NEW YORK: Defending champion Rafa Nadal failed to win a single game in the opening set of his US Open quarter-final against Dominic Thiem on Tuesday but fought back to beat the Austrian 0-6, 6-4, 7-5, 6-7, 7-6 in match that ended past 2:00am in New York.
But women’s title holder Sloane Stephens, the world number three, crashed out when she lost to 19th seeded Latvian Anastasija Sevastova 6-2, 6-3.
Nadal won just 40 percent of his first serves in the first set as he struggled with the high humidity on the Arthur Ashe Stadium court, as Thiem became the first player to ‘bagel’ the Spaniard at Flushing Meadows since Andy Roddick 14 years ago.
“It’s been a great battle,” an exhausted Nadal said. “The conditions were tough, very humid for me.”
Thiem, who lost to Nadal in the French Open final but who has beaten the Spaniard three times in 10 previous meetings, struck 74 winners, including 24 with his stylish single-handed backhand, to keep the champion under constant pressure.
“I’m very sorry for Dominic,” Nadal added. “He’s a close friend on tour, a great guy and I wish him the very best ... He is young and has plenty of time to win tournaments.”
After Nadal roared back to take a 2-1 lead, the fourth set went to a tiebreak. Thiem raced to a 3-0 lead before Nadal fought back, but the Austrian held his nerve to level the match.
There were no breaks of serve in the deciding set and a second tiebreak ensued. The two were neck-in-neck at 5-5 when Nadal carved out a match point with his forehand.
Thiem’s wayward overhead smash handed the match to Nadal, who stood midcourt with his head thrown back and arms raised in the air in celebration.
“Thank you very much everybody for staying here tonight,” Nadal said after the four hour, 49 minute marathon. “It’s been an amazing feeling.”
Next up for the top seed is a semi-final clash with big-serving Argentine and third seed Juan Martin del Potro, who defeated home player John Isner 6-7, 6-3, 7-6, 6-2.
During that earlier quarter-final, Isner doubled over and rested his elbows on his knees. He grimaced. He shook his head. He looked as if he wanted to be anywhere but where he was: falling further and further behind in energy-robbing heat.
Six-time champion Serena Williams shook off a sluggish start to power past eighth-seeded Karolina Pliskova 6-4, 6-3 into the semi-finals.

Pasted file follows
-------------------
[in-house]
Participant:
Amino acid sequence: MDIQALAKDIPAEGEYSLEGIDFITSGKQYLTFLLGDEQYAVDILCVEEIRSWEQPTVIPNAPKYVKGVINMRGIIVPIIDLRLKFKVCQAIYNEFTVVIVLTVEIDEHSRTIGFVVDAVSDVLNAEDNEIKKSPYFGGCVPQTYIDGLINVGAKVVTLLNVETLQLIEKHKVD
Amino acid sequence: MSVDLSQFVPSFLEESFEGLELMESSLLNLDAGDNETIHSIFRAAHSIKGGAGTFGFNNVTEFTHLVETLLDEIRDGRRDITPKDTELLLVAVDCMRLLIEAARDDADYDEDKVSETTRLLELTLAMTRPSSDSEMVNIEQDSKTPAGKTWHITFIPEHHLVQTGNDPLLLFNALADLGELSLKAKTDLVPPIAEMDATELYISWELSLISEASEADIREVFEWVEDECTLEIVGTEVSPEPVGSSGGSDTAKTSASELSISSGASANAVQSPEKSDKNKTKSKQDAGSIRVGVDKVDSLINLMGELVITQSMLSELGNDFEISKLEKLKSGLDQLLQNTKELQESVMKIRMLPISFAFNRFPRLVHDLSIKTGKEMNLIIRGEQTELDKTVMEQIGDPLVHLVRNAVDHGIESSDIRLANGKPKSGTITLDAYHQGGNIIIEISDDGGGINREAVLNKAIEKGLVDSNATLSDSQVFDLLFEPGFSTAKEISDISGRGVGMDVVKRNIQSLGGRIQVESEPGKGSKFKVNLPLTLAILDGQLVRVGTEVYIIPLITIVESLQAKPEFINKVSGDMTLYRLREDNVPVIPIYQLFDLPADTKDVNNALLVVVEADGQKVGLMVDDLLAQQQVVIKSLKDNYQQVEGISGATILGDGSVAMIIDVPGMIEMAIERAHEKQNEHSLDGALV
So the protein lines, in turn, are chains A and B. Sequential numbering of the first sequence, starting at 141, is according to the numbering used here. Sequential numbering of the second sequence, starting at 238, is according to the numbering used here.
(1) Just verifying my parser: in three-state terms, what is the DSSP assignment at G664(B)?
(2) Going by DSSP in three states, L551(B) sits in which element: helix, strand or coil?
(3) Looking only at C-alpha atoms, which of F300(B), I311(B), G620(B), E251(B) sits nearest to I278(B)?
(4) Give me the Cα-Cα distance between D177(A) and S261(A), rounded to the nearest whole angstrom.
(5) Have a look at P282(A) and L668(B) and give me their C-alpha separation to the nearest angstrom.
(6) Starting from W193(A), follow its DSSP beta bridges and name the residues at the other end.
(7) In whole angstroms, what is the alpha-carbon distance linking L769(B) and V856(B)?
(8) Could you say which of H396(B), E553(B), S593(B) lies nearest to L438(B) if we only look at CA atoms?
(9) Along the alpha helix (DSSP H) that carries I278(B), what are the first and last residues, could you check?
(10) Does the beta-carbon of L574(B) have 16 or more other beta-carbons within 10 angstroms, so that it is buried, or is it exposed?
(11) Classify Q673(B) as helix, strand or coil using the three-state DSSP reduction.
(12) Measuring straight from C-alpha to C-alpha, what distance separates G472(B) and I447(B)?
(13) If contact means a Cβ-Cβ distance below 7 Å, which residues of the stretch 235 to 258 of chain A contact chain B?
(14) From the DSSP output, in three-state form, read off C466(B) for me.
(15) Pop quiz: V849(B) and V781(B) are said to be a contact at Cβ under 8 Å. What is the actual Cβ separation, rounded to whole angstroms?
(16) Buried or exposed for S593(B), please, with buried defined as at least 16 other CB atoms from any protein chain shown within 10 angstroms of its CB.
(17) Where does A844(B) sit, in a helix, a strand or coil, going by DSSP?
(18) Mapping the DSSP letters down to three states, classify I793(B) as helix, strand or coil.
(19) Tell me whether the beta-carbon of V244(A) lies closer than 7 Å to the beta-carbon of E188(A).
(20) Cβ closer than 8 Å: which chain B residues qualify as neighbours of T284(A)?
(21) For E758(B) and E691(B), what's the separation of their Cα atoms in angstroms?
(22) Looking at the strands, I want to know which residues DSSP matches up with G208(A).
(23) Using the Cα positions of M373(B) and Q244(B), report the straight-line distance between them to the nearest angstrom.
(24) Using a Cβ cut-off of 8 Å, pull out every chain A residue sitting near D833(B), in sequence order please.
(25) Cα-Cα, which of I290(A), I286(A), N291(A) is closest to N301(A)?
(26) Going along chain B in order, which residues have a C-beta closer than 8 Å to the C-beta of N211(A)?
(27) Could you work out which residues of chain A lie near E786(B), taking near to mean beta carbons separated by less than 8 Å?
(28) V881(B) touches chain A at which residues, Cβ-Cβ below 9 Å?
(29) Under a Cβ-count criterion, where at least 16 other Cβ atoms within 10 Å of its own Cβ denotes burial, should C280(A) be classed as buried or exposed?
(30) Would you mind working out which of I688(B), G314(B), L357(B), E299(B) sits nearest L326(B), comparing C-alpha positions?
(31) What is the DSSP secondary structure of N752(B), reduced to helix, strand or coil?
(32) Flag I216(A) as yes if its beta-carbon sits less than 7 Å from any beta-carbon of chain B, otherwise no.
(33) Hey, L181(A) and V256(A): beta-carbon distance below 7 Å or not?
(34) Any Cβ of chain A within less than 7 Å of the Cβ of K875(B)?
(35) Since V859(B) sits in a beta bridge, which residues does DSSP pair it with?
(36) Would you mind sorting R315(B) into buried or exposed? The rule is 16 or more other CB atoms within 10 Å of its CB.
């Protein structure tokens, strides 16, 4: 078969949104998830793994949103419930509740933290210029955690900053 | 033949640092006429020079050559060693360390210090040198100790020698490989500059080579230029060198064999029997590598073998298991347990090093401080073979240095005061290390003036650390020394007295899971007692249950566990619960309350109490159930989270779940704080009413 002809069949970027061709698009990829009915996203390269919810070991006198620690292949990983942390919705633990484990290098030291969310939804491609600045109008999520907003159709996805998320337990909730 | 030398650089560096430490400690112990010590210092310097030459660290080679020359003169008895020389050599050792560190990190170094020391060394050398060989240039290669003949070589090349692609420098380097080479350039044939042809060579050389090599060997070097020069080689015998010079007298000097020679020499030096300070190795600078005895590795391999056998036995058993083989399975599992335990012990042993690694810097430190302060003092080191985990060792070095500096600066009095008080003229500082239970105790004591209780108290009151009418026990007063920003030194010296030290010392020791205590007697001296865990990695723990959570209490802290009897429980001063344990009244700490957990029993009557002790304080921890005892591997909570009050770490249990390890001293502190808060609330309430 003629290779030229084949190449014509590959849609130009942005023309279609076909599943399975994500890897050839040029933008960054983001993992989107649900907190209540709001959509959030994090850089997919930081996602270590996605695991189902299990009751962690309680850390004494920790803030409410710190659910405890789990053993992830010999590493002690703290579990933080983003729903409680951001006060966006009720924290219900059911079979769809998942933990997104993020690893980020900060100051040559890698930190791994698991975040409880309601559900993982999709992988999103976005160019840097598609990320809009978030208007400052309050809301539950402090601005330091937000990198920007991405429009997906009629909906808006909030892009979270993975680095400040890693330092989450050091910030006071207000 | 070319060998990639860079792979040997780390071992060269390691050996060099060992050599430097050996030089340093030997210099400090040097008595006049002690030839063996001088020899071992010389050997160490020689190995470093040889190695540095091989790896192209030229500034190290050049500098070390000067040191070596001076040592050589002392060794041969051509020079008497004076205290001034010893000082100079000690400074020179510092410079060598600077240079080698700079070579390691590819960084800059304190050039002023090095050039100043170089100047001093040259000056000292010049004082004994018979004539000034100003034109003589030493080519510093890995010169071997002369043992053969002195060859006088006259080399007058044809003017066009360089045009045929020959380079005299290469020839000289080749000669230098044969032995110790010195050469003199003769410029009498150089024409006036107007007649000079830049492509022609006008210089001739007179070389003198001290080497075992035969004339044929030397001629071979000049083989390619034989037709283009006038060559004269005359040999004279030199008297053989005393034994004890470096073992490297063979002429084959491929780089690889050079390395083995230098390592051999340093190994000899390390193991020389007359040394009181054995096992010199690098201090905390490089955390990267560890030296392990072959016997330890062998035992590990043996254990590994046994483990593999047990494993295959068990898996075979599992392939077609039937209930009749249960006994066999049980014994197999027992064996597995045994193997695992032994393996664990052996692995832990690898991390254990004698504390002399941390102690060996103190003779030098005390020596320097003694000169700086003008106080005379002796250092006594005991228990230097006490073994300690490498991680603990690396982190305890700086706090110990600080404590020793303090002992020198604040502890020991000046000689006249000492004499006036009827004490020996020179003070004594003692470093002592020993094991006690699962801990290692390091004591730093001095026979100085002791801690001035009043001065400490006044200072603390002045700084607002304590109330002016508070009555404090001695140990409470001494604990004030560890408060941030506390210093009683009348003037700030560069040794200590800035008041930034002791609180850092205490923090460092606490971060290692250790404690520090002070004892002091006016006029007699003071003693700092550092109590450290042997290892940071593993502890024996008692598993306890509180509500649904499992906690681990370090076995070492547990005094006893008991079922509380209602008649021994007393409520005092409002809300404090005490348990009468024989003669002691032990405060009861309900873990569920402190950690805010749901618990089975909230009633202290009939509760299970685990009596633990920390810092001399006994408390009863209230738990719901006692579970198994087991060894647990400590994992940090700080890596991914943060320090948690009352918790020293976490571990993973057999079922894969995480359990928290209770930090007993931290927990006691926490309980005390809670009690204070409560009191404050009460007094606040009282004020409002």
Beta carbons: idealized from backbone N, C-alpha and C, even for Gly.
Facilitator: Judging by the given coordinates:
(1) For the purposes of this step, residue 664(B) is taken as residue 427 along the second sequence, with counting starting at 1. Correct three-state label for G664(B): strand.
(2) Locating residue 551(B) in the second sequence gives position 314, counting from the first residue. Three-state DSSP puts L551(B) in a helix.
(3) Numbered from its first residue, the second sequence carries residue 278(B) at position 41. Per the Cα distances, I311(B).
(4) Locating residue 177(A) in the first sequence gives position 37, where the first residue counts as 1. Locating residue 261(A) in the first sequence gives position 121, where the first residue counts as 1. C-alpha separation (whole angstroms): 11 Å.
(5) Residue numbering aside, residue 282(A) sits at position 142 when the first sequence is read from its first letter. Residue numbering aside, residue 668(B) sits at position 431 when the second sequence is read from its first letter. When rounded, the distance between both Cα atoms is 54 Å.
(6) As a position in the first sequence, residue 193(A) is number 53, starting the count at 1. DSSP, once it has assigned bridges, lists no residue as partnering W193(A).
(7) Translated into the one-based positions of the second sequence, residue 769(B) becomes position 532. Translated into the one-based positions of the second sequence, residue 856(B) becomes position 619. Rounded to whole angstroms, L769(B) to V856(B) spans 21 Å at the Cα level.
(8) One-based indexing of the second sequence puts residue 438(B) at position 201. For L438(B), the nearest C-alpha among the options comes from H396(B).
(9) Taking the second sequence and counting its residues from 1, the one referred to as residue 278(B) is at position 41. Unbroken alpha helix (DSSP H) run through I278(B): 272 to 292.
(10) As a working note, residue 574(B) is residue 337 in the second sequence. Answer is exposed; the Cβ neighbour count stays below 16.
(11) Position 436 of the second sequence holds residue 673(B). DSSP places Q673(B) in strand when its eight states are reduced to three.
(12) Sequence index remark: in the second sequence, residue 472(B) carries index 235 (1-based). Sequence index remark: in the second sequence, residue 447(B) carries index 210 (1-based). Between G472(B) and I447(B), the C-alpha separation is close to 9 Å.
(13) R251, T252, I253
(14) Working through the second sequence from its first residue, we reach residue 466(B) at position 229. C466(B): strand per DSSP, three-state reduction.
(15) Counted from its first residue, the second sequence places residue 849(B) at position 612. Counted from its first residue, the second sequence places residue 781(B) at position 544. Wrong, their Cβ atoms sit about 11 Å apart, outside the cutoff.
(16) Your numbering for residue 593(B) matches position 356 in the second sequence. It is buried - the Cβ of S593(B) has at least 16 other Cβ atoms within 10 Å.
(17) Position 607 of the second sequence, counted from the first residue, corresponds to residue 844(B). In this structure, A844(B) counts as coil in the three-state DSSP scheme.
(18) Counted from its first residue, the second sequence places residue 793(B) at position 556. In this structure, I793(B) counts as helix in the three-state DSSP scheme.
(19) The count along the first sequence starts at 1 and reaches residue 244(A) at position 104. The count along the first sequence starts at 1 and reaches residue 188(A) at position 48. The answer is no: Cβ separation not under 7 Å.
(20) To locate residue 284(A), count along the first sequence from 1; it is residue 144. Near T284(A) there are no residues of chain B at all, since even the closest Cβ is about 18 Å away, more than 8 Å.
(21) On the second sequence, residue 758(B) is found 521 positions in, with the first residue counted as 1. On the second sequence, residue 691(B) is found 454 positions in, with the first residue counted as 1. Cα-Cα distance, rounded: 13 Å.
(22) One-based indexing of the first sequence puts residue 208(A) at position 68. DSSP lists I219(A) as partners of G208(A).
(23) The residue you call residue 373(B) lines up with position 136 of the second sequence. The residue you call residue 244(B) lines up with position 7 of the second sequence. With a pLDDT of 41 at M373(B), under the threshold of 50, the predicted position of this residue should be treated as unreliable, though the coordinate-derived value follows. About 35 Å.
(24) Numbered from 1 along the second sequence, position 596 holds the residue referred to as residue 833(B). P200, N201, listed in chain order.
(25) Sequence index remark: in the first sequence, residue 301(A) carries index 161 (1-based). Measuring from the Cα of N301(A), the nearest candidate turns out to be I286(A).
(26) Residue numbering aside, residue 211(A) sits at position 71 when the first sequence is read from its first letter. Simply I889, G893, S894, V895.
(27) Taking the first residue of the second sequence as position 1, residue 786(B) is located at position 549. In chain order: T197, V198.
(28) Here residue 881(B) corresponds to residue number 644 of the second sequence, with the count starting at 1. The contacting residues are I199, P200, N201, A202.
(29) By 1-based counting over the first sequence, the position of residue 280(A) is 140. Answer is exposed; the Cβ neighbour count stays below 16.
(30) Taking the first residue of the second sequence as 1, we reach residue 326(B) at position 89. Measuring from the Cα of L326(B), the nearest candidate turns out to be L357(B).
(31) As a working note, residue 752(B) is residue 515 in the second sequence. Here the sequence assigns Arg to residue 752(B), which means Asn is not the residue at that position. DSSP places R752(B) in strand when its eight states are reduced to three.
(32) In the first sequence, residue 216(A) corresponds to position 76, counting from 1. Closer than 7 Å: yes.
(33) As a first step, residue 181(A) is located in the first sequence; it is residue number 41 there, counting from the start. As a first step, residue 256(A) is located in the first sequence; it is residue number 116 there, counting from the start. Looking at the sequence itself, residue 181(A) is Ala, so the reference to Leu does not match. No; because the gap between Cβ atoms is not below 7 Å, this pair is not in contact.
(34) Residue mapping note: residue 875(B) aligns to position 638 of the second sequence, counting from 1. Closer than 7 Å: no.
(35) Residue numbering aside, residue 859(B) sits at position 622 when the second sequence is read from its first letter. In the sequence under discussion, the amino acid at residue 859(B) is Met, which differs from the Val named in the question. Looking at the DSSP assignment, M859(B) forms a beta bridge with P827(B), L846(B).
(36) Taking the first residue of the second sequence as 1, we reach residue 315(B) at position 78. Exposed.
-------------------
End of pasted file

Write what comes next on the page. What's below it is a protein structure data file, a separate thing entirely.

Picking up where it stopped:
The US superstar, chasing a record-equalling 24th major title, surrendered an early break to Pliskova, but she roared back with a streak of eight straight games to put away the opening set and take a 4-0 lead in the second against the woman who beat her in the semi-finals here in 2016.
“I just wanted to play better,” Williams said of her mindset as she trailed 3-1 in the first. “I was thinking, you know, I can play better, so that was the good news.”
Williams did indeed cut down on the errors, and came up with the big serves when she needed them.
She finished the match with 13 aces and will take on Anastasija Sevastova for a place in the final after the 19th-seeded Latvian toppled defending champion Sloane Stephens 6-2, 6-3.
Pliskova managed to convert just two of 12 break point chances in the contest.
Williams did drop her serve once in the second, coughing up one of her five double faults on break point as Pliskova narrowed the gap to 4-1.
But when she fell behind 0-40 in the seventh game she rescued herself with 112 mph (180 km/h) service winner followed by another service winner and an ace.
Pliskova got another chance when Williams batted a forehand into the net, but another booming serve, a backhand winner and an unreturnable serve saw her safely through the danger.
Serving for the match at 5-3 Williams didn’t allow any room for doubt, holding at love with two aces and an overhead smash followed by one last ace.
World number three Stephens, refused to blame the punishing afternoon heat and humidity for her lapses against Sevastova, including an inability to convert any of seven break chances in the opening set.
“When you don’t play big points well, the match can get away from you,” she said. “Mentally, physically, I just wasn’t connecting.”
Sevastova herself relies on variety more than power, and she caught a slow-moving Stephens with a number of drop shots and drop shot-lob combinations.
After taking a 4-1 lead in the second set, Sevastova admitted she had flash backs to last year’s quarter-finals, when an 83rd-ranked Stephens rallied from a break down in the third to upset Sevastova in a tiebreaker.
Indeed Stephens fought back to narrow the gap to 4-3, but Sevastova grabbed another break with a well-timed drop shot for a 5-3 lead and sealed the victory on her third match point when a weary Stephens put a backhand into the net.
The defeats of Stephens and Pliskova completed the exodus of top 10 seeds, although Pliskova noted that Williams’ 17th seeding — nine spots above her world ranking as she continues her post-baby comeback — was not reflective of her true abilities.
Tuesday’s results (prefix number denotes seeding):
Quarter-finals: 1-Rafael Nadal (Spain) bt 9-Dominic Thiem (Austria) 0-6, 6-4, 7-5, 6-7 (4-7), 7-6 (7-5); 3-Juan Martin del Potro (Argentina) bt 11-John Isner (US) 6-7 (5-7), 6-3, 7-6 (7-4), 6-2.
Quarter-finals: 17-Serena Williams (US) bt 8-Karolina Pliskova (Czech Republic) 6-4, 6-3; 19-Anastasija Sevastova (Latvia) bt 3-Sloane Stephens (US) 6-2, 6-3.
Published in Dawn, September 6th, 2018